For one thing, our guts can "leak." Yes, like a long tube with holes in it, it can allow things to get into our bloodstream/bodies that can wreak havoc (bacteria, undigested food, and toxins). You name it, whatever you put into your mouth can be absorbed by your gut and get into your bloodstream, even if it's not supposed to. And when your gut wall gets irritated, it can "leak." When this happens, you get inflammation, which is a starting point for many diseases that don't seem linked to the gut but have a sneaky connection there.

FUN FACT: About 70% of our immune system lives in and around our gut.

A healthy gut is not a leaky gut. It maintains its barrier and shuttles things through to be eliminated. Maintaining a healthy gut barrier is the first pillar of gut health.

The second main part of your gut are the billions of friendly health-promoting microbes. Gut microbes help us digest and absorb nutrients. They fight off disease-causing microbes, make some vitamins for us, and have all kinds of other health benefits, like mental health benefits, reducing inflammation, and stabilizing blood sugar.

So, keeping your gut microbes happy is the second pillar of gut health!

How to improve gut health

There are a lot of natural ways to improve gut health. Let’s start with what to stop. It’s always best to eliminate the cause, so let’s stop giving our guts junk to deal with. How about eliminating added sugars, processed foods, and alcohol? Try that for a few weeks, and you may be amazed at how much better your body (and gut) feels.

You may also want to eliminate other gut irritants. Dairy and grains contain common compounds known to irritate some people’s guts. Sometimes you only need to eliminate them for a few weeks to see if it makes a difference for your health.

By eating nutrient-dense foods, we allow ample macro- and micro-nutrients into our gut to maximize the chance for absorption. These nutrients help our bodies build and repair our gut, and every other body part as well. Some of the most nutrient-dense foods include dark leafy greens, colourful fruits and veggies, liver, and fish.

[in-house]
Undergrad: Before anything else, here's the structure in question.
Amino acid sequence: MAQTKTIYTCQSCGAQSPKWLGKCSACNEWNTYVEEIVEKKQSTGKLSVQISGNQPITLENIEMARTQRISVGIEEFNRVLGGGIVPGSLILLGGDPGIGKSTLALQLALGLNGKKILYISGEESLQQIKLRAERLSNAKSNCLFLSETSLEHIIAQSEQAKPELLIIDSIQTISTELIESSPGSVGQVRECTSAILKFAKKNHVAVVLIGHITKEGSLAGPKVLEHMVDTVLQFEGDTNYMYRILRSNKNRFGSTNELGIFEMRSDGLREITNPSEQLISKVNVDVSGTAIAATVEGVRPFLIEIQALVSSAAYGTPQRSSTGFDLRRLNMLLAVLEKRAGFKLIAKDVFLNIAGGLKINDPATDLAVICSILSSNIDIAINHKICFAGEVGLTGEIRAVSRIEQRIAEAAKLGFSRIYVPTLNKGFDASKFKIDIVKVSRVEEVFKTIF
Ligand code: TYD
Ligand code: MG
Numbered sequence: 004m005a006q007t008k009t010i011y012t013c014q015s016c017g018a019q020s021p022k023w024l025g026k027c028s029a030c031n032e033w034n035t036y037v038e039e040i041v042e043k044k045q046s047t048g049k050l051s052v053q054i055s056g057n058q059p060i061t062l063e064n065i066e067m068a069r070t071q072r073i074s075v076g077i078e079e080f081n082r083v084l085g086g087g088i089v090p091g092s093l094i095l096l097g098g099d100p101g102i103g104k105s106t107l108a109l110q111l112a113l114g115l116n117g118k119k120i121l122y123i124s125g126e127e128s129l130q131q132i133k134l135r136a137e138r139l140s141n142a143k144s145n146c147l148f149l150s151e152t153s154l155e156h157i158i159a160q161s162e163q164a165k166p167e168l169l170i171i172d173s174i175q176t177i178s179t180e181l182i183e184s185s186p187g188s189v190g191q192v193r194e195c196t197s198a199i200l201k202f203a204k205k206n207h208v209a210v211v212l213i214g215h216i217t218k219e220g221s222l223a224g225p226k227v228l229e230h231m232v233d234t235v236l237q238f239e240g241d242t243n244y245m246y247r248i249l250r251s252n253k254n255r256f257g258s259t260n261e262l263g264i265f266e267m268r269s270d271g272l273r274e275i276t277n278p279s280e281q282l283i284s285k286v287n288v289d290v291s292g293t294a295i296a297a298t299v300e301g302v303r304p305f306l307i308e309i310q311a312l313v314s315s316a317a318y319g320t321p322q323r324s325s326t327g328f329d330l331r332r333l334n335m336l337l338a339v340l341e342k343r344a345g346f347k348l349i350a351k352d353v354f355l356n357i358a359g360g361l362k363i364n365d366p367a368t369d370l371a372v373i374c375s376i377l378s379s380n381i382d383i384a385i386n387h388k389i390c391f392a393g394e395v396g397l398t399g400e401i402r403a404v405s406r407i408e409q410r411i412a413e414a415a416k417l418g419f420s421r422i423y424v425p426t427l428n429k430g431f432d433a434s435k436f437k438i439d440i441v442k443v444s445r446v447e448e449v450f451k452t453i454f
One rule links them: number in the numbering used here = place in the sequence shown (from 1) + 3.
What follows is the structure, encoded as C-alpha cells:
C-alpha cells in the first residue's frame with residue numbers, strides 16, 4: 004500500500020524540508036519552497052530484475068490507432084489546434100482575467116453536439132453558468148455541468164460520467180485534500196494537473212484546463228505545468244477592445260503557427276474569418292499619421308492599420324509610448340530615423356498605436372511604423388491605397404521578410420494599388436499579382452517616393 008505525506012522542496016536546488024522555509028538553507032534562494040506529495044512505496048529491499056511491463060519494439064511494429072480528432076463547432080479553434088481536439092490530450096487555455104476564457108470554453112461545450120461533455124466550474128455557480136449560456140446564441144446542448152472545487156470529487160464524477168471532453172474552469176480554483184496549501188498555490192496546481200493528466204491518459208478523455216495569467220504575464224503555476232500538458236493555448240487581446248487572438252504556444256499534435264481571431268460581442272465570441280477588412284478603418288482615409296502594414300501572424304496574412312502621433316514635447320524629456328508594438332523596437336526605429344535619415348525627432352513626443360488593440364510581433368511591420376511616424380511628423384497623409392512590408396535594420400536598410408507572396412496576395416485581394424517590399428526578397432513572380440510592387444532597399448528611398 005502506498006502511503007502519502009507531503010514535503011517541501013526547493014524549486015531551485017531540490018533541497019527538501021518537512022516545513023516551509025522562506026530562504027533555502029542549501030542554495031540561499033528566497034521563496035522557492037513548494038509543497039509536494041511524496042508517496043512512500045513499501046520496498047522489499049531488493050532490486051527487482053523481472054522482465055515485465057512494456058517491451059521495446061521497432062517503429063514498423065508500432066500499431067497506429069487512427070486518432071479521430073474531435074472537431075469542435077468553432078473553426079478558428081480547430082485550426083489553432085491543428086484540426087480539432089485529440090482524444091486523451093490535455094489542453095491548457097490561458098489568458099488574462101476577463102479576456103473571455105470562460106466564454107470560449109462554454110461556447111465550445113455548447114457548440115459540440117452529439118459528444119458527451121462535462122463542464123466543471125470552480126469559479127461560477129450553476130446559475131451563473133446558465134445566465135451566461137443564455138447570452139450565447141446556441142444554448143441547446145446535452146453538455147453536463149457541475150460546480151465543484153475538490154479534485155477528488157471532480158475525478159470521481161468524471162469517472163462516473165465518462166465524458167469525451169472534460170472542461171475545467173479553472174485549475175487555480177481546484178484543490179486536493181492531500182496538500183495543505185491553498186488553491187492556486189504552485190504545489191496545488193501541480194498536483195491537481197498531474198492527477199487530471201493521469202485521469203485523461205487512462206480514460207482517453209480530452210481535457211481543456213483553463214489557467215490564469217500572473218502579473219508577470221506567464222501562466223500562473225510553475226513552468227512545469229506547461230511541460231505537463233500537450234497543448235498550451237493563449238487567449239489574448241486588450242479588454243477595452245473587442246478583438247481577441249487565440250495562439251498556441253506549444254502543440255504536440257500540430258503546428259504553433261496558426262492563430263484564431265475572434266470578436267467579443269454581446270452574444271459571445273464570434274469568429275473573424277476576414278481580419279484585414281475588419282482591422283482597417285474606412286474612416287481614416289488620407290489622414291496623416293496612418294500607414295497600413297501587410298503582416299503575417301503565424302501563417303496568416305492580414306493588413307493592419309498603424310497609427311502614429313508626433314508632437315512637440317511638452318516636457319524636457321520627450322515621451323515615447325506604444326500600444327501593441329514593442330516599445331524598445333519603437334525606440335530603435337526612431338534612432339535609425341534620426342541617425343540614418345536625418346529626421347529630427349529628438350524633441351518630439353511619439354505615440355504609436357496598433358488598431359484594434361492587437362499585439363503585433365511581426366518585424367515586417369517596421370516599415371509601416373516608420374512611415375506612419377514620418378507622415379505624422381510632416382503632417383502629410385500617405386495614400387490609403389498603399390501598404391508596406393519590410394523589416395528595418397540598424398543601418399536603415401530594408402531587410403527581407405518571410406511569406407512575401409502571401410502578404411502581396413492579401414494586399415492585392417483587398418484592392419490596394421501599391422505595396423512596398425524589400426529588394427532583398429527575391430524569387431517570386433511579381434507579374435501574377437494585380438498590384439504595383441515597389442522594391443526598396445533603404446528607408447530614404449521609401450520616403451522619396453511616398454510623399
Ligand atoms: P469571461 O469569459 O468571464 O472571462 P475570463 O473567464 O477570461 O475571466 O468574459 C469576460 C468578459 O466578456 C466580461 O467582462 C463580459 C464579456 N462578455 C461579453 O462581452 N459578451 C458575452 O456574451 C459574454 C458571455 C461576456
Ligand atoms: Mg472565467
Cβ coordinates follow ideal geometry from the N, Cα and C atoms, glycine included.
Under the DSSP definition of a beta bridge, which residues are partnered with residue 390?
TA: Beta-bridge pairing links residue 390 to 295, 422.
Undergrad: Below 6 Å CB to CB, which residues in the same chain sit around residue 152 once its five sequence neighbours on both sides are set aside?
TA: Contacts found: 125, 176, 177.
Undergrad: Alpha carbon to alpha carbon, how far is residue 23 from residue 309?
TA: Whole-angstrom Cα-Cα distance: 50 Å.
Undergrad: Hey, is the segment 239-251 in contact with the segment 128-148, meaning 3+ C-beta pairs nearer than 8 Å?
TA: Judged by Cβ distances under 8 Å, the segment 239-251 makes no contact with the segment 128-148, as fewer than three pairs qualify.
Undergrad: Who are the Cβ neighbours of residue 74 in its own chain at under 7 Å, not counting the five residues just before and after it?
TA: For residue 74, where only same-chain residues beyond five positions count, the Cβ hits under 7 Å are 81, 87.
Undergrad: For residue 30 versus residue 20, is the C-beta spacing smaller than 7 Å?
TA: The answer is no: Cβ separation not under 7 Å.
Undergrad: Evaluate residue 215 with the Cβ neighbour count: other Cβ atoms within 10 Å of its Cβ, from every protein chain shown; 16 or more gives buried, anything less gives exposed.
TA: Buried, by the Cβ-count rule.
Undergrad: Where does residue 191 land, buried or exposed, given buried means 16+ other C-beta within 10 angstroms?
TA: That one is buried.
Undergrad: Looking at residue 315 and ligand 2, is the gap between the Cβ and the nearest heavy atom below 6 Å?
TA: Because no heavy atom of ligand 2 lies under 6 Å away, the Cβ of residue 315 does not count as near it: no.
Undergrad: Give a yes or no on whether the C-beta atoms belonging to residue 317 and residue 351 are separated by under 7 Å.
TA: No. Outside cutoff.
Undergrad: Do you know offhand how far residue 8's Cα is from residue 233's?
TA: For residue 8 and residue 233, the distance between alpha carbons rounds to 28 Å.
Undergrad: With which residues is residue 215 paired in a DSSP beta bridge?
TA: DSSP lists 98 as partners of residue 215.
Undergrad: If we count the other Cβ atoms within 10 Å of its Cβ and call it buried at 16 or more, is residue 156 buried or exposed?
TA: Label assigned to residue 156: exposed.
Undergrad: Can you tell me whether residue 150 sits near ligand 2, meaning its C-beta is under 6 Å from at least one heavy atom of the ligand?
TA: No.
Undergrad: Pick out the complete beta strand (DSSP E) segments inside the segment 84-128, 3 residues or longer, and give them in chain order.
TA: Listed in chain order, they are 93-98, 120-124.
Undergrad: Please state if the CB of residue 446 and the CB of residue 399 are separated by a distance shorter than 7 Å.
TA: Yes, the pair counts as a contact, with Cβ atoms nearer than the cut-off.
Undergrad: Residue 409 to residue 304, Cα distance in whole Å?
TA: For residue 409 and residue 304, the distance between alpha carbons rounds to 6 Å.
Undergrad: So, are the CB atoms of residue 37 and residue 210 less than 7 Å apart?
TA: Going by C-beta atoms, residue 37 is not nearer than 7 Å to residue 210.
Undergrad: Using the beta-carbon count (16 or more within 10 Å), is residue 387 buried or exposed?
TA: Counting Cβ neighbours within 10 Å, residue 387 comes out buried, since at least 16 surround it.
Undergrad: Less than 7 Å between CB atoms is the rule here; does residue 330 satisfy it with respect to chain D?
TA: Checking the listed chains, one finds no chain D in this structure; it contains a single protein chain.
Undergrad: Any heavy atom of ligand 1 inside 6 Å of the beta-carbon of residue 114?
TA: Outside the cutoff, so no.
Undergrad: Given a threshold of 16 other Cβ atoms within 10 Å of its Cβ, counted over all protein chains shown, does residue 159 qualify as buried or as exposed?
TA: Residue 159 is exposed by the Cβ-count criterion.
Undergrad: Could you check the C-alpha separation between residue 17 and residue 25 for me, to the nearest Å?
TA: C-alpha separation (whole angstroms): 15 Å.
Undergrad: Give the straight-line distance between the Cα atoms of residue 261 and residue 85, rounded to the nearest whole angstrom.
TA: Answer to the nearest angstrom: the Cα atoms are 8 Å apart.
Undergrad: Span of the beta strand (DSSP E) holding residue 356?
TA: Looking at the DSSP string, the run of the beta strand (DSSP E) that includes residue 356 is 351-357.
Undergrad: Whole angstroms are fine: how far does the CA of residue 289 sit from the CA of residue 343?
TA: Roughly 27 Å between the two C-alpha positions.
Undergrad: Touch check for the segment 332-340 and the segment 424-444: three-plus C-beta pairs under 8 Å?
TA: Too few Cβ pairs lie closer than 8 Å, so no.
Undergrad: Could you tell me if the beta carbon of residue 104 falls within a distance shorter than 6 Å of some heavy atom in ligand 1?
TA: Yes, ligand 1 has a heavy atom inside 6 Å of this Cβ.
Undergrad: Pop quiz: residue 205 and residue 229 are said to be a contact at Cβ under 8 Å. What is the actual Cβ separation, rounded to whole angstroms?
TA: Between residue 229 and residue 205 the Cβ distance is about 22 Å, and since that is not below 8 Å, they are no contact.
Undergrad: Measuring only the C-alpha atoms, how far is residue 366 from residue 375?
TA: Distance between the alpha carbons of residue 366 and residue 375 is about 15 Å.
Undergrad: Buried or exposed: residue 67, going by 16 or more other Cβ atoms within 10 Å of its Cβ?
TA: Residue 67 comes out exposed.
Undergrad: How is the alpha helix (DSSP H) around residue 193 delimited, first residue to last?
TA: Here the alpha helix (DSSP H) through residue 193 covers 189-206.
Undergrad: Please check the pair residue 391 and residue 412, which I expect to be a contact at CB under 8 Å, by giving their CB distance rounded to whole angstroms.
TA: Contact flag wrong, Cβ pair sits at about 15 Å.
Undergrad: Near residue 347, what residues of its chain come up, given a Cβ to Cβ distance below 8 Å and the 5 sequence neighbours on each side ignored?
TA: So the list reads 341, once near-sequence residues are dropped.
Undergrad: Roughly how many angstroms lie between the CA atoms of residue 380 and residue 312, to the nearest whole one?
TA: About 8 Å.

The second pillar of gut health is our microbes. By ingesting probiotic-rich foods and drinks, we can help to replenish our gut microbes. These are found in fermented foods like kombucha, kefir, miso, sauerkraut, and kimchi. Make these a part of your daily diet.

Whole foods are full of gut-friendly fiber. Not eating enough fiber increases the risk of heart disease, cancer, diabetes, and obesity. Fiber plays lots of roles in our gut, including whisking away some of those pesky bad bacteria and toxins so they can be eliminated. Fiber also helps to feed our friendly resident microbes that help us absorb and digest our food better. What foods have a lot of fiber? Fruits, vegetables, nuts, seeds, and even cacao.

And don’t forget the uber-important lifestyle factors like getting enough sleep, stressing less, and getting the right amount (and intensity) of exercise for you. It’s easy to forget some of the simple, but key links there are between what we do with our bodies and how well they function.


The function of your gut is key to your overall health. There are two pillars of gut health: maintaining a good barrier and maintaining healthy gut microbes.

The main ways to improve both of these naturally is by eating nutrient-dense whole foods. Foods filled with nutrition, probiotics, and fiber. And eliminating common gut irritants like added sugar, processed foods, and alcohol.

Recipe (Probiotic-rich): Fermented Carrots

For best results you will need Fermenting Jars  or "fermenting weights", to keep the carrots submerged in the brine.

Serves 12

  • 1 L warm water
  • 4 tsp salt
  • 4 carrots, medium, peeled, sliced
  • 1 clove garlic, smashed (optional)


Make a brine by dissolving the salt in water.

Place carrots into a clean canning jar, packing them in tight. Make sure to leave about 1 inch of head space at the top.

Fill the jar with brine, making sure to cover the carrots completely. Weigh the carrots down to make sure they don't float (you can order fermenting jars on the link above, or use a "fermenting weight")